Russia’s activity within the Western Hemisphere has increased since the beginning of he Obama Administration. Russian activity in the Western Hemisphere first began with the sale of military equipment to Venezuela that soon transitioned into the two nations participating in joint naval exercises. It was believed that the Russia decision to launch the exercise came after the U.S. announced it would be reforming the 4th fleet to patrol the Caribbean. Continue reading
The surprise restoration of relations between the United States and Cuba represents a major victory for the pope. Is it cause for celebration?
“How many divisions does the pope of Rome have?” That was Soviet leader Joseph Stalin’s reply after British Prime Minister Winston Churchill advised him, in the aftermath of World War ii, to consider the Vatican’s perspective while laying out a plan for the future of Eastern Europe.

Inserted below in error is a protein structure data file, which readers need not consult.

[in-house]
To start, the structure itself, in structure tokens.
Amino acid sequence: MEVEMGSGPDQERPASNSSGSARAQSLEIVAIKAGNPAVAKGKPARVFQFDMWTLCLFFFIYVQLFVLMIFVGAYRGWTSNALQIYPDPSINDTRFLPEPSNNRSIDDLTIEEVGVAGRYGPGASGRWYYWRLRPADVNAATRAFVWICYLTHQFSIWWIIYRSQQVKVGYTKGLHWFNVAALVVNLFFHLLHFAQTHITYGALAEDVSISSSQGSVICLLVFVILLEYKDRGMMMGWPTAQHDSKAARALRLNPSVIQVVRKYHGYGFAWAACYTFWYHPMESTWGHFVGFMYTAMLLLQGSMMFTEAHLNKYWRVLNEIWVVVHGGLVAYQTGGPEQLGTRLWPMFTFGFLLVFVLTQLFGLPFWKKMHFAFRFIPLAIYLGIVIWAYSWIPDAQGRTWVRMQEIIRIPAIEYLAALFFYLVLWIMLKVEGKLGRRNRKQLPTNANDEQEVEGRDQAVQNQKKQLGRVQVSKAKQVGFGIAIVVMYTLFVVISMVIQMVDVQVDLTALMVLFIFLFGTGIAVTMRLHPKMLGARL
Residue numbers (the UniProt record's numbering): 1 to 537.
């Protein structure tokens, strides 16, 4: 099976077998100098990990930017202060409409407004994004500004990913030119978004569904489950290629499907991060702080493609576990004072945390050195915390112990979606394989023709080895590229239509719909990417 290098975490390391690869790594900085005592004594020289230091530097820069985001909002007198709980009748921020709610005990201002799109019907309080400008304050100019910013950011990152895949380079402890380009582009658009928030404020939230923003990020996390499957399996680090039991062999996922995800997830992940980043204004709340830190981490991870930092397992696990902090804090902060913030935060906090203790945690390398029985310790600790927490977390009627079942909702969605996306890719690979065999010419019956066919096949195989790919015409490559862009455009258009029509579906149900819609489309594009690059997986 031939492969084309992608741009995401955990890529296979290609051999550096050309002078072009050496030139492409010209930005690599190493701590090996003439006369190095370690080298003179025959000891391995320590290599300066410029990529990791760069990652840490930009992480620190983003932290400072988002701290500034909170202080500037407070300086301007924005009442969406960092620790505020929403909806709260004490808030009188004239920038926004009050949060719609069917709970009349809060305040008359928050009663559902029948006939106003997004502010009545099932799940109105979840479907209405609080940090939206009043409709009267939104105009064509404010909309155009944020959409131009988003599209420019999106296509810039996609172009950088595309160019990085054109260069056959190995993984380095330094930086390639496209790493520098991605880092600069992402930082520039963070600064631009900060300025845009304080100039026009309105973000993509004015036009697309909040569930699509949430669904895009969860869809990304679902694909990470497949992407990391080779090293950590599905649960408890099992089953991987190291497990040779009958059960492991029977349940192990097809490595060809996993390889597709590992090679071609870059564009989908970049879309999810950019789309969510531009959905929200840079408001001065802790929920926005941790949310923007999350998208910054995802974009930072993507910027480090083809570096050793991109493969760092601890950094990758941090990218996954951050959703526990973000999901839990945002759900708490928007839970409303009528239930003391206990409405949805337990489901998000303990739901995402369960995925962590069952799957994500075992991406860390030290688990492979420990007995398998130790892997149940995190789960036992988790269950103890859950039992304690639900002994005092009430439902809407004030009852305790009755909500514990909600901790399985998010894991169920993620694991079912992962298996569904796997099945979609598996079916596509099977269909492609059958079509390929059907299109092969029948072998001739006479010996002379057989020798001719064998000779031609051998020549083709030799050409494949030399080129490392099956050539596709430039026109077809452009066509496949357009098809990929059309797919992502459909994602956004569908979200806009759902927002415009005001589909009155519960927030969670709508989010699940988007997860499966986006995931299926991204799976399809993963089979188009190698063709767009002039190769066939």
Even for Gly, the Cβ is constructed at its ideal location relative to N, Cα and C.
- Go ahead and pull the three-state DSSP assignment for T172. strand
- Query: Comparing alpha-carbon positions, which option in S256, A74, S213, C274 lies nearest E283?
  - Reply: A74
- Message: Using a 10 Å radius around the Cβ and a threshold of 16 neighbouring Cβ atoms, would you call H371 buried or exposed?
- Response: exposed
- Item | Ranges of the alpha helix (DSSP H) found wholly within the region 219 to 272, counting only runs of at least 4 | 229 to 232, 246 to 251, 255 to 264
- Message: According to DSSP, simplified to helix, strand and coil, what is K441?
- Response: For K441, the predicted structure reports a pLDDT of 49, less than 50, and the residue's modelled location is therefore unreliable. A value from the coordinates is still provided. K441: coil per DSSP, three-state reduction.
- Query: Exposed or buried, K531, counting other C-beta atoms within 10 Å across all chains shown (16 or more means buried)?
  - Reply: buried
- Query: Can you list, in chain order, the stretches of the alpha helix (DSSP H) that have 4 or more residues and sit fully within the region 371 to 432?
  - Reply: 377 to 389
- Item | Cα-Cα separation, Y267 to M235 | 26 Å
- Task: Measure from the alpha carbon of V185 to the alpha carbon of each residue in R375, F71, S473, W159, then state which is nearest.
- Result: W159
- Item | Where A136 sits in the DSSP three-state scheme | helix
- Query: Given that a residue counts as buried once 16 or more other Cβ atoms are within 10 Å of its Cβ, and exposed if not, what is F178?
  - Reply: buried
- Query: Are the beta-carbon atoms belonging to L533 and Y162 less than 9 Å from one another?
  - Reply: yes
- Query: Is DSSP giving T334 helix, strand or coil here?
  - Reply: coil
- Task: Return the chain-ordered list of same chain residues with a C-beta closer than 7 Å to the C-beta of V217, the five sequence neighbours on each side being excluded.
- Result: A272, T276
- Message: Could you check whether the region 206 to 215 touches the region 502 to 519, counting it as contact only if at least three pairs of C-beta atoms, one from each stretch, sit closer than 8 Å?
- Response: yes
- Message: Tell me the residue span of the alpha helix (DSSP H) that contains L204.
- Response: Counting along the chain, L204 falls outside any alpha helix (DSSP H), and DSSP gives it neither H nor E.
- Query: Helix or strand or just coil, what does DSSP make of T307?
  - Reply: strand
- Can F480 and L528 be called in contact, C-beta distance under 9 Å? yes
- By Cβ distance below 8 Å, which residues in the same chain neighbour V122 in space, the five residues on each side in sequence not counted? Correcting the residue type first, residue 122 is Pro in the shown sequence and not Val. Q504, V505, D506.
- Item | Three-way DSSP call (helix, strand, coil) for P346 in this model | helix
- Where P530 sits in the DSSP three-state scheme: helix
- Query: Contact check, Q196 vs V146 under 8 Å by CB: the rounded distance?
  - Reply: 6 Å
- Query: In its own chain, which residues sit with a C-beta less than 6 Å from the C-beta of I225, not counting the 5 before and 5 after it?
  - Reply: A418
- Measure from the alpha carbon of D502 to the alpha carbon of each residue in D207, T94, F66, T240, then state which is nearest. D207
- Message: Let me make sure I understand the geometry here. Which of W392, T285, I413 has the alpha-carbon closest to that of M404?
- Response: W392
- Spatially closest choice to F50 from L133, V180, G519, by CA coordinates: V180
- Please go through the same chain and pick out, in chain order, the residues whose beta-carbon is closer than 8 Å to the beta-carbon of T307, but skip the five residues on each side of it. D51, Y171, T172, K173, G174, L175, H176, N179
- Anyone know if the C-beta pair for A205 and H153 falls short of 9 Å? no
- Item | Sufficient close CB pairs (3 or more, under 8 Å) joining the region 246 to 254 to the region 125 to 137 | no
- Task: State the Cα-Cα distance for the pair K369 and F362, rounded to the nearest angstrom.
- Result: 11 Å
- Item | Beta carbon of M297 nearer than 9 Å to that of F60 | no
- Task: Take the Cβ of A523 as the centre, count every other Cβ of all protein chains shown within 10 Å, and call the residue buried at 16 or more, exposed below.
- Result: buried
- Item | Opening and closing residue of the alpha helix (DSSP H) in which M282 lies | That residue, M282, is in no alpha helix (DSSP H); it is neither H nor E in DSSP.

Stalin respected only brute force. The Vatican had none, so he dismissed it as irrelevant.
But today Stalin and the Soviet behemoth he led are long gone, while the papal system remains. And it was actually a pope—blending politics with religion—who sparked the revolution that eventually toppled the Berlin Wall, and brought down that Soviet system.
Lest we also forget the quote in Pravda where Putin reportedly said Russian nuclear missiles were already reinstalled in Cuba.
- Facility at Lourdes was the largest Russian listening post abroad
- It was mothballed in 2001 after relations with the U.S. warmed